A year on from BP’s Deepwater Horizon fiasco, many lessons should now have been learned. From a PR perspective, they include the short-comings of the crisis comms effort and the leadership style of Tony Hayward.
Parallels are being drawn with Andrew Lansley and the communication of his plan for NHS reform. Both are learning a lesson in strategic leadership. Simply put, unless the ‘story’ is both accessible and credible, it will not be understood, let alone generate support. Hayward failed to build support at both local and national levels. Lansley has studiously courted vested interests, but ultimately failed to bring them on his journey.
He may always have been destined to fail given the nature of his reforms, while Hayward may never have pacified public opinion. However, both have seemingly aggravated their situations – Hayward spectacularly.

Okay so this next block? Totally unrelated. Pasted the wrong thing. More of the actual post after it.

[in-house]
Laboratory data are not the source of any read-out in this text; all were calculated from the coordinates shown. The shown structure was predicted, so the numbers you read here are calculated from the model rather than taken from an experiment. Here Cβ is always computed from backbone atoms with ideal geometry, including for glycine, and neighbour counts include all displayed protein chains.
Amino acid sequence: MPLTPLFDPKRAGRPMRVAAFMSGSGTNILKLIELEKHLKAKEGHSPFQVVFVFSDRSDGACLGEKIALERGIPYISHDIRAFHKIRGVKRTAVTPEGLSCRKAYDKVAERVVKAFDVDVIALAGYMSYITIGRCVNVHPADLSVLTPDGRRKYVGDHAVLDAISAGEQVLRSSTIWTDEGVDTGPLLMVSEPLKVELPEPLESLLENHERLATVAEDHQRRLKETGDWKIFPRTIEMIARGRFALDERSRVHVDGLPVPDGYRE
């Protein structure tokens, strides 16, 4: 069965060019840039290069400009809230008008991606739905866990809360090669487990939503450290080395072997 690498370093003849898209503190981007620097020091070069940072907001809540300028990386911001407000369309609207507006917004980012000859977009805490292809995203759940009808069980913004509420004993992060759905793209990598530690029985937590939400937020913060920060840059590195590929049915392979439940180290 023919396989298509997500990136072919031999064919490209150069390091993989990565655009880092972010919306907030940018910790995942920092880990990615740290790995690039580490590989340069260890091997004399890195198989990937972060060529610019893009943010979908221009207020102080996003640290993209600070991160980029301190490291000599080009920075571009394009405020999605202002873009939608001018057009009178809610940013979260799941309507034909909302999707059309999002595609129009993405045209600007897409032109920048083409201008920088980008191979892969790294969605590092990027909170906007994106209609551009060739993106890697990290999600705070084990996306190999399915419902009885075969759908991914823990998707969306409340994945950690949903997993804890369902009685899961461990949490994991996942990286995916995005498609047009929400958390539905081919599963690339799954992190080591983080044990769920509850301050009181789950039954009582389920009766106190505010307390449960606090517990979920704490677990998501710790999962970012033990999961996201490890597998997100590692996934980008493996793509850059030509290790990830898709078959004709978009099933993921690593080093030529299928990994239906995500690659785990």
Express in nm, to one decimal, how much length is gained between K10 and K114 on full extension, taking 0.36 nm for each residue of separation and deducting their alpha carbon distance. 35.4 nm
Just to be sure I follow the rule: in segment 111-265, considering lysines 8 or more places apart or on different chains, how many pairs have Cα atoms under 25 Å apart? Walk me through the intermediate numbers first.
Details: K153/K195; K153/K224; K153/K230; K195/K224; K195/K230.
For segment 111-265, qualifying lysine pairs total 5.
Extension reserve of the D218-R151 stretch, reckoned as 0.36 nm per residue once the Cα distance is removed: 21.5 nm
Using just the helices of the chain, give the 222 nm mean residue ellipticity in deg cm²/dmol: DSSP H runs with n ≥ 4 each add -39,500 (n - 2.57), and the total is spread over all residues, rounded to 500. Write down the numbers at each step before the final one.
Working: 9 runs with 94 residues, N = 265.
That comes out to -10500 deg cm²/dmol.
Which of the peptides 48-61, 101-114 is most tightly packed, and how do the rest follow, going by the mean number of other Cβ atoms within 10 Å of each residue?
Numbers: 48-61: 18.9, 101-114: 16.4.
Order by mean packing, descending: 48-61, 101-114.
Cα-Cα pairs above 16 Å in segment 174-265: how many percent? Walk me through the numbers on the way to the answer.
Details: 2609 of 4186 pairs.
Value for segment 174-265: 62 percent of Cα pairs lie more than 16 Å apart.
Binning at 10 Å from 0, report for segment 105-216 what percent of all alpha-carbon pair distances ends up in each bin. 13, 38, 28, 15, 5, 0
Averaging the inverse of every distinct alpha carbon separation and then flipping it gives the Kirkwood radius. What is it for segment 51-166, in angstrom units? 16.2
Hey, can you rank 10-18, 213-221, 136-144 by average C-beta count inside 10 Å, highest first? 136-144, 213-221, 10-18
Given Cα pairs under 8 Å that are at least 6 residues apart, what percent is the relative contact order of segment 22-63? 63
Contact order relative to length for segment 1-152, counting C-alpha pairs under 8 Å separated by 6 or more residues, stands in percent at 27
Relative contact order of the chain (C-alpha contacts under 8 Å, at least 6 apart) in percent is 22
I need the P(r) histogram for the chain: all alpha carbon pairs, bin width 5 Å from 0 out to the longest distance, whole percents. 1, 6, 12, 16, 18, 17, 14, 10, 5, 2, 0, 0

Ultimately, both did not successfully articulate their plans for their audience, instead surrendering the agenda to critical voices. When this happens, it is almost impossible to reverse media and public opinion. Lansley’s attempt to do so, by now engaging in a public listening exercise, shows shrewd judgement.
The key question may be whether the voter feels engaged enough to listen and able to understand his plans. If they are deaf to reform, he will need to think again.